What Should An Optimum Vaccination Drive Look Like?
A universal vaccination programme with the option to go private would significantly reduce the inclusion (or exclusion) errors, and the burden on the governments.
There has been a growing discussion with regards to the prospects of ensuring a free vaccination drive. Many have pointed out that such a drive would come at the expense of the taxpayers and thus, those that can afford must pay for the vaccine.
The question that we need to explore going forward is how the vaccination drive should be organised and who should pay for the same.
The emergency use approvals in the Indian context means that the vaccine would be purchased by the government as it administers the same to the frontline workers and perhaps to the vulnerable population.
It has been indicated that the vaccines may be free – whether only for front-line workers or for all is something that cannot be commented upon at the moment. However, several states such as the state of Bihar may very well offer a free vaccine for its population using its public healthcare infrastructure.
The question, thus is whether more states should follow the same – and if the vaccine should be made available for free to all?
Disease eradication in this case is a global public good and thus, vaccines are critical towards the same. However, vaccines are both rivalrous and excludable, that is, if prices are high then the poor may not be able to afford them.
Thus, the objective of ending the lockdown restrictions and getting the world back on track requires vaccines to be made available at an affordable rate.
However, even with that many people may not be in a position to afford the same.
For starters, even at Rs 1,000 per dose, the cost of two doses of vaccines comes to Rs 2,000 which is beyond the reach of many people.
Thus, there is no disagreement that the poor must be provided vaccines for free of cost as it is essential towards restoring normalcy.
The question, however, is whether those that can afford the vaccine should be provided with a free dose – or whether they should be asked to pay for the same.
Or, alternatively, what would be a good inclusion (or exclusion) criterion for those that will be provided with a free public vaccine.
The debate is also around whether such a criterion should exist in the first place given the prospects of inclusion or exclusion errors.
In the event that the government does decide to offer a universal vaccination programme (similar to the polio programme), we must view it as an additional stimulus (a kind of cash transfer of Rs 2,000 or whatever is the per-capita cost of the vaccination doses).
The cost of a universal vaccination programme for 138 crore people would be Rs 2,76,000 crores or close to 2 per cent of our GDP. However, as a consequence of this we would manage to go back to the pre-COVID level of economic activity rather swiftly and contact services which continue to contract may witness a reversal as people gradually move out post vaccination.
Thus, in terms of cost-benefit analysis, clearly an expenditure of 2 per cent of our GDP to put an end to the pandemic and associated uncertainty is justified.
However, we must also allow for private doses of the vaccine to be made available for people over the counter. This is important as it will ensure that those who can afford the vaccine have the choice to visit the public health setup for vaccination or purchasing the vaccine in the open market.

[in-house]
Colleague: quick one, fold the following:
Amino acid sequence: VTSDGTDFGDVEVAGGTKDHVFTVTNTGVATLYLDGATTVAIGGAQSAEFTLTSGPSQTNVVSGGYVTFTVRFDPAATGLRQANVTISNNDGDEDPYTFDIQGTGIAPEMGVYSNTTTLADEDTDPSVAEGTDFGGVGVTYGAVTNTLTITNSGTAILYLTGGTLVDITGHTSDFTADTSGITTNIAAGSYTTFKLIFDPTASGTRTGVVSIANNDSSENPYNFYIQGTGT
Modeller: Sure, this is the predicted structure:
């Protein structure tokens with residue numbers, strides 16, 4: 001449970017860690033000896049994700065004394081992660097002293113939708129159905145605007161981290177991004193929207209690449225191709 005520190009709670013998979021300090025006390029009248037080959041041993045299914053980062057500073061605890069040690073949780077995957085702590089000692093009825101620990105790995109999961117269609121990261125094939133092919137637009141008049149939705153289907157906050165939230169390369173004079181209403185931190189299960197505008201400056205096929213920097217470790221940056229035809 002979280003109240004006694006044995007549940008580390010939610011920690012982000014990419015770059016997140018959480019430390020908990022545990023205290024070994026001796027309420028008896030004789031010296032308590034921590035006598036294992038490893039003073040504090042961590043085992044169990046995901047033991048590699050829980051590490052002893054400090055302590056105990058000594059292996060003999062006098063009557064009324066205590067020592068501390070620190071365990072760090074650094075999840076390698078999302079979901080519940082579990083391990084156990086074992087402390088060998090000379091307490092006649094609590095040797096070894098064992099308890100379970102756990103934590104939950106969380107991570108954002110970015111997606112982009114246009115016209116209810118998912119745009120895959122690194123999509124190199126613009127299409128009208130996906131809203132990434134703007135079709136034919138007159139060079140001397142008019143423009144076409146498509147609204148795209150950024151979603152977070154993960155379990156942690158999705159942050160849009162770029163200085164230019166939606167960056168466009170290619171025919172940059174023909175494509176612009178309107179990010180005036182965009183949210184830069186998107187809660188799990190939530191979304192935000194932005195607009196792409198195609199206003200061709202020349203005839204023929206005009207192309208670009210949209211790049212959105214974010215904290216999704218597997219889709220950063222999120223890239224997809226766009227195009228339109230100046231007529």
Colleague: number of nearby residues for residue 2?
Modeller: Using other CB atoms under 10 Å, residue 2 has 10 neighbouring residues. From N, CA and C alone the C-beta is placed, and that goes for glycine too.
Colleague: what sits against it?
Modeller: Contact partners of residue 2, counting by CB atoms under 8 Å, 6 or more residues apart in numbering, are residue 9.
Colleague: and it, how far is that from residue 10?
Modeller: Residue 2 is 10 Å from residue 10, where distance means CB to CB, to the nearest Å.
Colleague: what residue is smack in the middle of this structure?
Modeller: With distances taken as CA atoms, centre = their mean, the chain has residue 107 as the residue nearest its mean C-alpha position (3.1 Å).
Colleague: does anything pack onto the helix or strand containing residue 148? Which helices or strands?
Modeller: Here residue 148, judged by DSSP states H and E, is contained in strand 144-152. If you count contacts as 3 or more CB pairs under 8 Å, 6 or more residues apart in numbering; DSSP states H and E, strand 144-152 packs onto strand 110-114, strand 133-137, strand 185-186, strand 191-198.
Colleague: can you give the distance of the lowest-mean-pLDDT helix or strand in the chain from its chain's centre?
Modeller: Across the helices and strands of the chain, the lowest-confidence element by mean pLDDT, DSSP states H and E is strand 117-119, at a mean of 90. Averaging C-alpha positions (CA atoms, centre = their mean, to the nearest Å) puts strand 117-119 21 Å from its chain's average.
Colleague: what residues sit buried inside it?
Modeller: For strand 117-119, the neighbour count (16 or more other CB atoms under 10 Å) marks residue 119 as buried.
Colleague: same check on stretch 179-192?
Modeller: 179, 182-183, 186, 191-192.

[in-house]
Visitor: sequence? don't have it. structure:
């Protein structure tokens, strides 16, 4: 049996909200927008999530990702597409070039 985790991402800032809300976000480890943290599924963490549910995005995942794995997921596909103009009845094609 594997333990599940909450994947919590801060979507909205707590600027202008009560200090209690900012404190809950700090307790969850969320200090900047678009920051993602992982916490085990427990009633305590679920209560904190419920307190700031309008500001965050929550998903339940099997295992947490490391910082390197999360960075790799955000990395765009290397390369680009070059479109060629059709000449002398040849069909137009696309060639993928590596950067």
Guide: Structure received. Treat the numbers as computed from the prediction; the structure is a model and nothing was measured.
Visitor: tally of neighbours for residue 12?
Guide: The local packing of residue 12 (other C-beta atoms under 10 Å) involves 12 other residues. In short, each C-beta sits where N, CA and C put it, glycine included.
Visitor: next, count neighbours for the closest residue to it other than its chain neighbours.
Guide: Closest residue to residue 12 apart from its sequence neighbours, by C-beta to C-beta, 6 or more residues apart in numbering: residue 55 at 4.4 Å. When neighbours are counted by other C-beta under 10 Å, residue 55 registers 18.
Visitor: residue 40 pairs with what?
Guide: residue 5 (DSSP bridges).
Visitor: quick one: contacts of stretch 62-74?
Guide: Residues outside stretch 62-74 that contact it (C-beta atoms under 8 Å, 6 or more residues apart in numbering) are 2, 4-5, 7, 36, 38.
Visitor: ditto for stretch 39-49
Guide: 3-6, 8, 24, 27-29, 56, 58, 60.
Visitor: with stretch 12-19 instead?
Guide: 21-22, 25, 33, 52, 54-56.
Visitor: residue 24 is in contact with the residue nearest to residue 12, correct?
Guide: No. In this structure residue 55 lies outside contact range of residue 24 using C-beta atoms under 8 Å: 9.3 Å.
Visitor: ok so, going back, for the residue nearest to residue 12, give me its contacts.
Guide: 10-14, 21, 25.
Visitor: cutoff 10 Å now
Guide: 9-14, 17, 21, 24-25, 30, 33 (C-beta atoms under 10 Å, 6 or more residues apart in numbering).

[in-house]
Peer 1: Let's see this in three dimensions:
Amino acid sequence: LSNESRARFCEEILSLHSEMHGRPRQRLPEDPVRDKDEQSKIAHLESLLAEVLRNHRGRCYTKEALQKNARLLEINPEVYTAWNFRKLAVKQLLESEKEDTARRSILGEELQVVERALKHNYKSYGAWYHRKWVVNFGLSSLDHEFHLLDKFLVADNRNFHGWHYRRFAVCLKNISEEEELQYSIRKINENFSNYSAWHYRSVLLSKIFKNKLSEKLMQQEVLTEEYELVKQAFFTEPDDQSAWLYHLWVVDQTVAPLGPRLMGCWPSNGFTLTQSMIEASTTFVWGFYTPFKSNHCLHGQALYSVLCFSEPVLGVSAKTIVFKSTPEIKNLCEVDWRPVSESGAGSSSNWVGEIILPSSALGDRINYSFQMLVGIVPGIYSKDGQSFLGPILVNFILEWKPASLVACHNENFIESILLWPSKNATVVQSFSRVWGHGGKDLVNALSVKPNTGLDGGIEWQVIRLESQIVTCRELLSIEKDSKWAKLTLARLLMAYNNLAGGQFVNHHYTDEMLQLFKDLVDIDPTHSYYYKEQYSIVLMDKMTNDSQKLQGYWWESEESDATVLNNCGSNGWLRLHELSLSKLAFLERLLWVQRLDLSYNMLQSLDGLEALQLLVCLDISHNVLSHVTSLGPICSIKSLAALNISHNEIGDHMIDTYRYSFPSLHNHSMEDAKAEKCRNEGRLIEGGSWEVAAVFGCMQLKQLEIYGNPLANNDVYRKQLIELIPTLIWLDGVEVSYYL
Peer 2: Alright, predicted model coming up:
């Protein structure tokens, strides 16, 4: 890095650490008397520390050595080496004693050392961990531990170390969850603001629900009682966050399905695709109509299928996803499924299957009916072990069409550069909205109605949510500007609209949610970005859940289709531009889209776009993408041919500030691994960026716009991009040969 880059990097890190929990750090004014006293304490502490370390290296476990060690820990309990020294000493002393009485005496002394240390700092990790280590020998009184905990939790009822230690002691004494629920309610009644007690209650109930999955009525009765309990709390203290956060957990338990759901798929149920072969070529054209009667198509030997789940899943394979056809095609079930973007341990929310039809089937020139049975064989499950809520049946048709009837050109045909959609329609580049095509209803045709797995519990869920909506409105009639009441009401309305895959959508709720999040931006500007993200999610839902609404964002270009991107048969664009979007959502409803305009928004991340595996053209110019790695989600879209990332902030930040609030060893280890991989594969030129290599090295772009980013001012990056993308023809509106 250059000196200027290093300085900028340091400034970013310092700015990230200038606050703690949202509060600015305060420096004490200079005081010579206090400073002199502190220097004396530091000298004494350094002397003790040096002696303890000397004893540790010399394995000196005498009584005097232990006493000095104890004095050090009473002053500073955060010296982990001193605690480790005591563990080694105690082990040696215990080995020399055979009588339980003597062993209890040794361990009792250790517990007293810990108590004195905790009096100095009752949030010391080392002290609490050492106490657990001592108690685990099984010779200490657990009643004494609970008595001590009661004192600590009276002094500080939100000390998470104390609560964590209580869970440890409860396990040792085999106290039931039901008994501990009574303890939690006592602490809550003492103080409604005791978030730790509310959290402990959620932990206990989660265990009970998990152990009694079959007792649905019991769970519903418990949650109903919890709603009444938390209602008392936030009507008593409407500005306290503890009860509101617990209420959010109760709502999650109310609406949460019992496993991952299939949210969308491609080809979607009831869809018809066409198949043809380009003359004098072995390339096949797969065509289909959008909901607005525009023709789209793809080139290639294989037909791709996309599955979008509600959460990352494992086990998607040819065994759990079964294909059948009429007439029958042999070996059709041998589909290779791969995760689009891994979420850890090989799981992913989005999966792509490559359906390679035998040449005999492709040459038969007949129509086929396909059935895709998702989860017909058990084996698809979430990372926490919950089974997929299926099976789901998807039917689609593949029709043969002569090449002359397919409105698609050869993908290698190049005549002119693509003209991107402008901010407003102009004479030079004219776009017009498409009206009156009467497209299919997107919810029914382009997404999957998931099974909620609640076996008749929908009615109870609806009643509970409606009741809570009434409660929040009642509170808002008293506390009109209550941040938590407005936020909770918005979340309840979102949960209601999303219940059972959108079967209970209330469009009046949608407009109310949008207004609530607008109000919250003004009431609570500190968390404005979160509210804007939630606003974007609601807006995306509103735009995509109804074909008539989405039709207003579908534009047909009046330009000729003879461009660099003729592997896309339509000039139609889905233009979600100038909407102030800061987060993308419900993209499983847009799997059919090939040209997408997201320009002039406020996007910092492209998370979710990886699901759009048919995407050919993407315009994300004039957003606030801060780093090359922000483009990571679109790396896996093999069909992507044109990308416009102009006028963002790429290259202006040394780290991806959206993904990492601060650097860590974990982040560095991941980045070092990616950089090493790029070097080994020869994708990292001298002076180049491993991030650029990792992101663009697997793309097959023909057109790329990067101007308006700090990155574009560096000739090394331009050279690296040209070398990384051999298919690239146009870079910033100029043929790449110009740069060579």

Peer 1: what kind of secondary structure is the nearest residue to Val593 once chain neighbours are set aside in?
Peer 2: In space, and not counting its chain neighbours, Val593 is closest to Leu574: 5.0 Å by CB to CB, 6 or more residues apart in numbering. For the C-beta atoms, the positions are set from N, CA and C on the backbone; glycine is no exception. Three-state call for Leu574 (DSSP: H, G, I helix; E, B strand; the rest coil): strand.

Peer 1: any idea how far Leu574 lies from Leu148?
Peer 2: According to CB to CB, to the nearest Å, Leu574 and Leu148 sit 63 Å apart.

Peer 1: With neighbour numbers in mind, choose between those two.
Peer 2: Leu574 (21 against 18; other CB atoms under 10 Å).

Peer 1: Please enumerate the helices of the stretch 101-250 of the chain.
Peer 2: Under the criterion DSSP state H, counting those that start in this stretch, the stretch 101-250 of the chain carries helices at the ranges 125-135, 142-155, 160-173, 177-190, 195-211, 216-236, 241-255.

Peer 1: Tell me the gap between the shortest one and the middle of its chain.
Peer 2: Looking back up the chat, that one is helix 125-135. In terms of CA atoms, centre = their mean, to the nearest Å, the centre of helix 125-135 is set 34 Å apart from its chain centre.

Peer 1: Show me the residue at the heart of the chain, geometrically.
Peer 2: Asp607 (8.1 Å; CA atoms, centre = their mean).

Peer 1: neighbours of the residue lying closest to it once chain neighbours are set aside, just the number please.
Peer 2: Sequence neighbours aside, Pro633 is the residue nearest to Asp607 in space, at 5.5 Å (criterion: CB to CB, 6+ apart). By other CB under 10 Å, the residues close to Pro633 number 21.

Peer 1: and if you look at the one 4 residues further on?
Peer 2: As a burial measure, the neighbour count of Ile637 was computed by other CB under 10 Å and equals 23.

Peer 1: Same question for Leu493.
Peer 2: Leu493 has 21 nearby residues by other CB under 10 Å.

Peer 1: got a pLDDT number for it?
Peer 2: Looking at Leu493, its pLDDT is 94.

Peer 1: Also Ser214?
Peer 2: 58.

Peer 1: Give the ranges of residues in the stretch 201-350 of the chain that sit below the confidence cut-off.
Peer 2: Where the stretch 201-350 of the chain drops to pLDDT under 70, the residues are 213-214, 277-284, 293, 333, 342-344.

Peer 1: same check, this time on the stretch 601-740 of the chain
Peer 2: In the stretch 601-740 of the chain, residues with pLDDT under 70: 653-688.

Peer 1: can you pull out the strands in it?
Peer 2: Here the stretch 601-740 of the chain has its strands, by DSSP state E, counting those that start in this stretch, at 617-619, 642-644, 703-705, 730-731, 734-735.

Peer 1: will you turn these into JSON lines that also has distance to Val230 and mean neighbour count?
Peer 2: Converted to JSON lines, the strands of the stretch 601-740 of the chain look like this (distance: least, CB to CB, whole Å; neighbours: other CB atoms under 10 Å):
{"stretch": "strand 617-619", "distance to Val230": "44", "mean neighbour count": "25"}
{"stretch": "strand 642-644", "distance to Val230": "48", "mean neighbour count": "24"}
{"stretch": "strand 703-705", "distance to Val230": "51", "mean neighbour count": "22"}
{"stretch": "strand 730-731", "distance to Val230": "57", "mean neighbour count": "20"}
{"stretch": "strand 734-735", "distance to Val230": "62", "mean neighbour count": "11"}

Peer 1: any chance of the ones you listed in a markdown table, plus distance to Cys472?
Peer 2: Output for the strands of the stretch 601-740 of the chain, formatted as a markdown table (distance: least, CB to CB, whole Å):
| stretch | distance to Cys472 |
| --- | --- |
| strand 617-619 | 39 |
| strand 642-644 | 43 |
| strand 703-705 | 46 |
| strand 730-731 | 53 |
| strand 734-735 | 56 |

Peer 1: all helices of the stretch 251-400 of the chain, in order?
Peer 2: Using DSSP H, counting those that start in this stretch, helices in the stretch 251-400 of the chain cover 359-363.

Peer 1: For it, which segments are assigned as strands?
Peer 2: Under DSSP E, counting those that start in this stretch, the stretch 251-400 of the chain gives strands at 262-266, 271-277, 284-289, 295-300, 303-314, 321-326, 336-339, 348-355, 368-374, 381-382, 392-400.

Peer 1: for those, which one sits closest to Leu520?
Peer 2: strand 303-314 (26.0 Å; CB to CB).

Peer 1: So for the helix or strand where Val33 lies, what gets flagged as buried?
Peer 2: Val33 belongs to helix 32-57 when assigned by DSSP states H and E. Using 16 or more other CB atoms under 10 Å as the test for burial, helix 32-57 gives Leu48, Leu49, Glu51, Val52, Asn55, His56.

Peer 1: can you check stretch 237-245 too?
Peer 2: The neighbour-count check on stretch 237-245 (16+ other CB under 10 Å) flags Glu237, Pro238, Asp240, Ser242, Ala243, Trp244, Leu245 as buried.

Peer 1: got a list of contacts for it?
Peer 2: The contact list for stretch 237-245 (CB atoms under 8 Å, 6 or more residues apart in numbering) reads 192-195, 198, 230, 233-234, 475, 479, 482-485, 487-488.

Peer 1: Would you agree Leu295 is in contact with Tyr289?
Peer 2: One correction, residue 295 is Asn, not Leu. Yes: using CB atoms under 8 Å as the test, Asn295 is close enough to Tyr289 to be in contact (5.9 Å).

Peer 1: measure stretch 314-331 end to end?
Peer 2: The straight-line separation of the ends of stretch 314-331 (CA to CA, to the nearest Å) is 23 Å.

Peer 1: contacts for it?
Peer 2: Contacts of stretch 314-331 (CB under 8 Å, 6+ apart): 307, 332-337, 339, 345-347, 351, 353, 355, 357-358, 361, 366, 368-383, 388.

Given our past experience, if the government provides the vaccine free of cost in public system – and simultaneously allows for private sale of the vaccine, we will see a sizeable proportion of the affluent section preferring the private markets over the public route thereby reducing the overall cost of the universal vaccination programme.
The other intervention which is worth considering is allowing for people, especially corporates, to consider the vaccination costs of their employees as a part of their CSR expenditures.
This will further take some load away from the government in funding the vaccination drive while providing the private sector with an incentive to share a part of the cost. This idea was originally proposed by Rahul Bajoria and is definitely worth exploring,
The SARs-Cov-2 has caused a significant disruption to life while disrupting economic activity as we know it. There are moral considerations for ensuring the vaccine is accessible in order to meet the desired objective of going back to life before the pandemic.
A universal programme with the option to go private would significantly reduce the inclusion (or exclusion) errors and perhaps is the best possible strategy.
As you are no doubt aware, Swarajya is a media product that is directly dependent on support from its readers in the form of subscriptions. We do not have the muscle and backing of a large media conglomerate nor are we playing for the large advertisement sweep-stake.
Our business model is you and your subscription. And in challenging times like these, we need your support now more than ever.
We deliver over 10 - 15 high quality articles with expert insights and views. From 7AM in the morning to 10PM late night we operate to ensure you, the reader, get to see what is just right.
Becoming a Patron or a subscriber for as little as Rs 999/year is the best way you can support our efforts.